Hailing from the Amsterdam underground returns Labasheeda, an art rock group based around multiinstrumentalist Saskia van der Giessen and guitarist Arne Wolfswinkel. Forming almost 20 years ago, Labasheeda has undergone a handful of line up changes, experimenting with different sounds and approaches, and extensive tours all across Europe. They’re known for their stripped back, noisy rock approach not to different from noise rock legends Sonic Youth while mixing a more emotional and relatable writing not too different from 90s college rock standard Sebadoh. With their latest release Blueprints, they’ve created a real distinct sound for themselves, while still holding onto those influences that came before them.
Greeting us with a smooth and clean bass riff, Labasheeda starts off the album strong with a solid drum beat, noisy guitars and Saskia’s dramatic violin that gives this album, and the band as a whole a gothic flare that sets their sound apart from others. Getting into this album I felt truly transported back in time to the late 90s, from the raw analog style production to the melodramatic and quirky singing that brings out that teenage angst we all still carry around. The guitars have a great feel to them. Simplistic yet still packs a bite with a noisy edge, there are some great harmonies that are formed on a few different tracks between the guitars and the violin creating this beautiful wall of sound that isn’t forceful or aggressive like certain noise rock bands tend to do.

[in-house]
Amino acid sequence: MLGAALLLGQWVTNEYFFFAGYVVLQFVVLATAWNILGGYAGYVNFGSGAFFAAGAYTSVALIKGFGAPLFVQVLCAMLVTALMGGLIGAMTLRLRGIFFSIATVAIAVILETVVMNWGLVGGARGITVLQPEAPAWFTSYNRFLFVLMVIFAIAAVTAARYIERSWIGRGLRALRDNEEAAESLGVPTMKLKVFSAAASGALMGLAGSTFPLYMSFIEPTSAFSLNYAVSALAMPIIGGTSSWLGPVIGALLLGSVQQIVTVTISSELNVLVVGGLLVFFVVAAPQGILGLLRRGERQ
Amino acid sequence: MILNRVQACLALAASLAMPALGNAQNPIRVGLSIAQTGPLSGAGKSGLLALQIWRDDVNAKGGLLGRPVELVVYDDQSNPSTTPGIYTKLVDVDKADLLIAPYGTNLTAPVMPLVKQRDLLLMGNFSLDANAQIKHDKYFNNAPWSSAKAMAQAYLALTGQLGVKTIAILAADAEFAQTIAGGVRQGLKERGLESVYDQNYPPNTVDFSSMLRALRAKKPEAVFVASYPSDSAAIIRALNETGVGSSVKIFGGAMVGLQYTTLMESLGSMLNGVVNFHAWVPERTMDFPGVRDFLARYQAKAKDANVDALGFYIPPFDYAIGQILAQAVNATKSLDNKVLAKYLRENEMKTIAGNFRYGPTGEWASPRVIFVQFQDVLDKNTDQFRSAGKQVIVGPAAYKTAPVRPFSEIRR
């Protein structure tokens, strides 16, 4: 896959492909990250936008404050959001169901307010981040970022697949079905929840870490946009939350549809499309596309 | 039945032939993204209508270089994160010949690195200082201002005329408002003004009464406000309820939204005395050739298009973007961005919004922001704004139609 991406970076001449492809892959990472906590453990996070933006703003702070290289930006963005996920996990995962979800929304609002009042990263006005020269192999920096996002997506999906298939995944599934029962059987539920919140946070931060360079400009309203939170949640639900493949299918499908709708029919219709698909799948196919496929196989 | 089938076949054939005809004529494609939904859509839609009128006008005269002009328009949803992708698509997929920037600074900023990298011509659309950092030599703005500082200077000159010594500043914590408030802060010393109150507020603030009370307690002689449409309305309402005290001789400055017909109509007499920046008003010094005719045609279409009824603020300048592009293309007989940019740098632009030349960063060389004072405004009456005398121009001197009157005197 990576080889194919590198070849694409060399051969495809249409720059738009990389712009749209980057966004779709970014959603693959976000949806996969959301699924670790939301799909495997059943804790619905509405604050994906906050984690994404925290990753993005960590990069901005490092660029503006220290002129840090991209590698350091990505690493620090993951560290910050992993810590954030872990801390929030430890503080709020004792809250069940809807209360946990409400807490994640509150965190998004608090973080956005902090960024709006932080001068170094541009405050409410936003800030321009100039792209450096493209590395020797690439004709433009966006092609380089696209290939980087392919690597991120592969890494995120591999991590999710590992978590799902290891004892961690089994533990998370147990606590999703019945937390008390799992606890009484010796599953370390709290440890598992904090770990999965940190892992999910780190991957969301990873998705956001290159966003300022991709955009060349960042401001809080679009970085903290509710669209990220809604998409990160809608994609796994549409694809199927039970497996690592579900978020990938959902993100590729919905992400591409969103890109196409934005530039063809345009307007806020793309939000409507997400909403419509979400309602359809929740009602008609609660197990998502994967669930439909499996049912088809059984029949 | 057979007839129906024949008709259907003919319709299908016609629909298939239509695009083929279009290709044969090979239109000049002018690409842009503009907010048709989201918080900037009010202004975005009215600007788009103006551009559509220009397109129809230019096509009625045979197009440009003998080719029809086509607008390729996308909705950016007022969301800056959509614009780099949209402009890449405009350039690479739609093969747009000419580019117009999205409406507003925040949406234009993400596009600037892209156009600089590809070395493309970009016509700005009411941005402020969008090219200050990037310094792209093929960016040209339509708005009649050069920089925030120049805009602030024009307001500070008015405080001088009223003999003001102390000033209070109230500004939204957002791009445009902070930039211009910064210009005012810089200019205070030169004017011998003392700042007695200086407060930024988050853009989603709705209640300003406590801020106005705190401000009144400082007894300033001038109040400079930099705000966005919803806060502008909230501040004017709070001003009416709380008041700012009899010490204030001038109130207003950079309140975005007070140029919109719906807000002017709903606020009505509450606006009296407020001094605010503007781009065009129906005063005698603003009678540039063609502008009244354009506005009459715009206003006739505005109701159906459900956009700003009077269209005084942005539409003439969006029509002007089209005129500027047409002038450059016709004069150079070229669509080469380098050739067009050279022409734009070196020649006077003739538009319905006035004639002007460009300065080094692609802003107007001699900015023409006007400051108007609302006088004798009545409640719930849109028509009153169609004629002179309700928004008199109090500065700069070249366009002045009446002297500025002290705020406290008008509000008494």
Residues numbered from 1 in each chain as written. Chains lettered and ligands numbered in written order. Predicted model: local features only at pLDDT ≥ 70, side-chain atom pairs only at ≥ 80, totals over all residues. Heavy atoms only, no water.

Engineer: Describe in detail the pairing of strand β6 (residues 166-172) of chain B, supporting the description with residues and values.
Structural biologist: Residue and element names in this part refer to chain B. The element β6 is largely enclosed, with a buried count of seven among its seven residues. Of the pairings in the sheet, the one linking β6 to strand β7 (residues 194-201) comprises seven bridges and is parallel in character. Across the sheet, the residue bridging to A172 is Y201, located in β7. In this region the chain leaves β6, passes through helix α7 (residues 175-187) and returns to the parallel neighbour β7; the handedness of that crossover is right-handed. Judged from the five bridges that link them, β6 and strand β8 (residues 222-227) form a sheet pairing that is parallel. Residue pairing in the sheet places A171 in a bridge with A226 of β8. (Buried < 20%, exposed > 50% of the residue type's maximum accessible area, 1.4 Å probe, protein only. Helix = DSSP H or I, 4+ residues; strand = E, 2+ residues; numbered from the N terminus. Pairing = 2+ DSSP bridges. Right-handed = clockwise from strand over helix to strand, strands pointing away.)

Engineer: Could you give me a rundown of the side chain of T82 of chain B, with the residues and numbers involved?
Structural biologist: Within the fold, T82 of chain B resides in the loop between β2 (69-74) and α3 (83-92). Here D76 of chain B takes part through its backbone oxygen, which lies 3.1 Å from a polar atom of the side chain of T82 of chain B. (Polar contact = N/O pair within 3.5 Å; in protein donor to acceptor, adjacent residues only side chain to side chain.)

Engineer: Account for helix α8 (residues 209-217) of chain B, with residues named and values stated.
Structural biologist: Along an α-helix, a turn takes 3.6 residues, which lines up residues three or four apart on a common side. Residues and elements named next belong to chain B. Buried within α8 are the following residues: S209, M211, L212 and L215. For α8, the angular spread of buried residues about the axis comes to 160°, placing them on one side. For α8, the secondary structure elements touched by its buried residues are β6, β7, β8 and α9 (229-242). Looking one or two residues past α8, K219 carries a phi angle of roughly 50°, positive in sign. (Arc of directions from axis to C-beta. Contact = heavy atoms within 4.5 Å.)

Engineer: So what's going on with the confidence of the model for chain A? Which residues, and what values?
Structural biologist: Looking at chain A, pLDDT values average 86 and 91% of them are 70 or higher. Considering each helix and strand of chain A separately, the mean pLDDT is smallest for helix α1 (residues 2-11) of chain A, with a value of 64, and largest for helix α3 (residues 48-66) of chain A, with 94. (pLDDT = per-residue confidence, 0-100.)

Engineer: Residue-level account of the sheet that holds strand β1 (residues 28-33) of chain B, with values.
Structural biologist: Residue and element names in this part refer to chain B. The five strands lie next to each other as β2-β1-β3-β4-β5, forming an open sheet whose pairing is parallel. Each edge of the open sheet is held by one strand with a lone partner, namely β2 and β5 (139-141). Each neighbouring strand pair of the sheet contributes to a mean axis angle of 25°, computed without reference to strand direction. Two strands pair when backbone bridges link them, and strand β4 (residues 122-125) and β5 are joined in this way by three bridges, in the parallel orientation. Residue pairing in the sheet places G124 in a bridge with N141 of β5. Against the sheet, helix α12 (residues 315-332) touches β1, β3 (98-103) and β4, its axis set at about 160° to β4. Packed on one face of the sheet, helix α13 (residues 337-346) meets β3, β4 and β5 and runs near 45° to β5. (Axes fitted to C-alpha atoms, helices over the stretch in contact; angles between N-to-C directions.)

The album is a whole, has a very somber and melodramatic atmosphere to it. Definitely taking more of that from Sebadoh. But that doesn’t mean that this album lacks energy. There’s still plenty of tracks that pick up the pace and start grooving like you’re trying to dance the sadness away. The album as a whole feels like a time capsule, capturing that raw ’90s post-punk experimental sound and certainly not letting that go. While it was certainly experimental back then, now this feels like par for the course for alt rock bands in the modern age. Well they do have their own distinct sound. I don’t really feel like they’re pushing any boundaries with this album. It’s safe, well made and has a lot of attitude and would have been a smashing hit back in the ’90s.
When comparing Blueprints to their previous albums. It’s quite clear that they wanted to do a more softer approach, leaving the noise behind and leaning more into a melodic and approachable sound that wouldn’t be as off putting to the average listener. There are some flares of noise with the guitars melding with he violin and bass and screeching out in angst, but I feel like there’s more of an emphasis on Saskia’s singing and a more somber and melodramatic sound that previous releases didn’t really quite lean into as much.
I found my self really enjoying this album and was pleasantly surprised when coming across this. It’s laid back and rather easy listening but still has a good noisy edge that I can’t ever get enough of. Would totally recommend giving this album a spin when given the chance.